A quick Saturday digest of cybersecurity news articles from other sources. This week, a round-up of crypto-currency articles
We are calling this the BitCoin edition because most people are familiar with BitCoin. But we are also stalking stories about other crypto-currencies like Monero or Etherium, and a host of blockchain startups.
Researchers have discovered a way of identifying those who bought or sold goods on the dark web, by forensically connecting them to Bitcoin transactions. Or see the report When A Small Leak Sinks A Great Ship
Cryptocoin startup Prodeum exit-scammed its investors out of millions of dollars, leaving just one thing behind on its website.
After using a server at the Federal Reserve to mine virtual currency, planting remote-access software so he could keep an eye on the workings from the comfort of home, and then trying (unsuccessfully) to cover his tracks by remotely deleting the software, a communications analyst for the Federal Reserve’s Board of Governors in Washington wound up getting fired.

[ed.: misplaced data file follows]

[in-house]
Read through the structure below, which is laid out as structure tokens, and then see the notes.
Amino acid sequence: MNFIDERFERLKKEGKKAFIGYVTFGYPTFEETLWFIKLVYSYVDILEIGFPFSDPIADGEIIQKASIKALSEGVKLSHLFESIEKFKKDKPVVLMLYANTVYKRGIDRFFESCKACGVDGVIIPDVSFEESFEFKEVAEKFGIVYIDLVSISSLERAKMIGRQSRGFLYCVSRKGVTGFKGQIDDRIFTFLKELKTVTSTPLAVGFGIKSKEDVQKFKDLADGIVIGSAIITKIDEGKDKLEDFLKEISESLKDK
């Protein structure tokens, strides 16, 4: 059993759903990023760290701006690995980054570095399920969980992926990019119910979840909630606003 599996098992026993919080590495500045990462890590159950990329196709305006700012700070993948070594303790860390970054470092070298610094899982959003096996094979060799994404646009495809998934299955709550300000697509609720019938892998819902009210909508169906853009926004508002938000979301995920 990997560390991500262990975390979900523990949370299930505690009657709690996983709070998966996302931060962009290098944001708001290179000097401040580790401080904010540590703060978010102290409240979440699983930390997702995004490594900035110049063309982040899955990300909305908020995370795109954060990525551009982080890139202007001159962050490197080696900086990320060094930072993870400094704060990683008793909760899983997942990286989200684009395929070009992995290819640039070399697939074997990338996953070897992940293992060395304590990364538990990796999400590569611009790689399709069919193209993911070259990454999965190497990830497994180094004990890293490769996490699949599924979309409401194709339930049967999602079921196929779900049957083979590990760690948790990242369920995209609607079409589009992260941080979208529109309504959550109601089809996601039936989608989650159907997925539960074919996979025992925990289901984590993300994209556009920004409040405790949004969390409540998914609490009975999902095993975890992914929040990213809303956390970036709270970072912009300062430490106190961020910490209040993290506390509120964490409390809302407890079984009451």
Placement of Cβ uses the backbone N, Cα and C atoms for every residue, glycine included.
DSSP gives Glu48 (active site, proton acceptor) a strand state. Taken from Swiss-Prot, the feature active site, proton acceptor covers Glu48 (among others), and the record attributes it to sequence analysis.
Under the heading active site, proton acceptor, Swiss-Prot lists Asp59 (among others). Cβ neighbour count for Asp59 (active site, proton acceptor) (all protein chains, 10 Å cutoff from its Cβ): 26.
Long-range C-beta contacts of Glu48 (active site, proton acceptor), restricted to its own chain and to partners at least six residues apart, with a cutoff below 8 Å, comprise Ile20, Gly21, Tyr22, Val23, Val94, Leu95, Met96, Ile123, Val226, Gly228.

KrebsOnSecurity heard from a reader whose friend recently received a remarkably customized extortion letter via snail mail that threatened to tell the recipient’s wife about his supposed extramarital affairs unless he paid $3,600 in bitcoin.
On Tuesday morning, January 23, three armed men entered the office of an Ottawa Bitcoin exchange, Canadian Bitcoins, where they tied up four employees and demanded Bitcoins.
Coinbase and Overstock.com just fixed a serious glitch that allowed Overstock customers to buy any item at a tiny fraction of the listed price. Potentially more punishing, the flaw let anyone paying with bitcoin reap many times the authorized bitcoin refund amount on any canceled Overstock orders.
Recent visitors to a Buenos Aires Starbucks didn’t actually have a choice: instead, a 10-second delay was foisted on them when they connected to the coffee shop’s “free” Wi-Fi, as their laptops’ power secretly went to mine cryptocoins (of which the Starbucks customers received nary one slim dime, of course).
Japanese cryptocoin exchange Coincheck has been hacked out of 523 million NEM coins, worth about a dollar each.
Phishers are using the hot topic of cryptocurrency as a means to an end in cybercrime, not merely as the end itself…
According to reports, buying crypto-currency will be that little bit harder from today.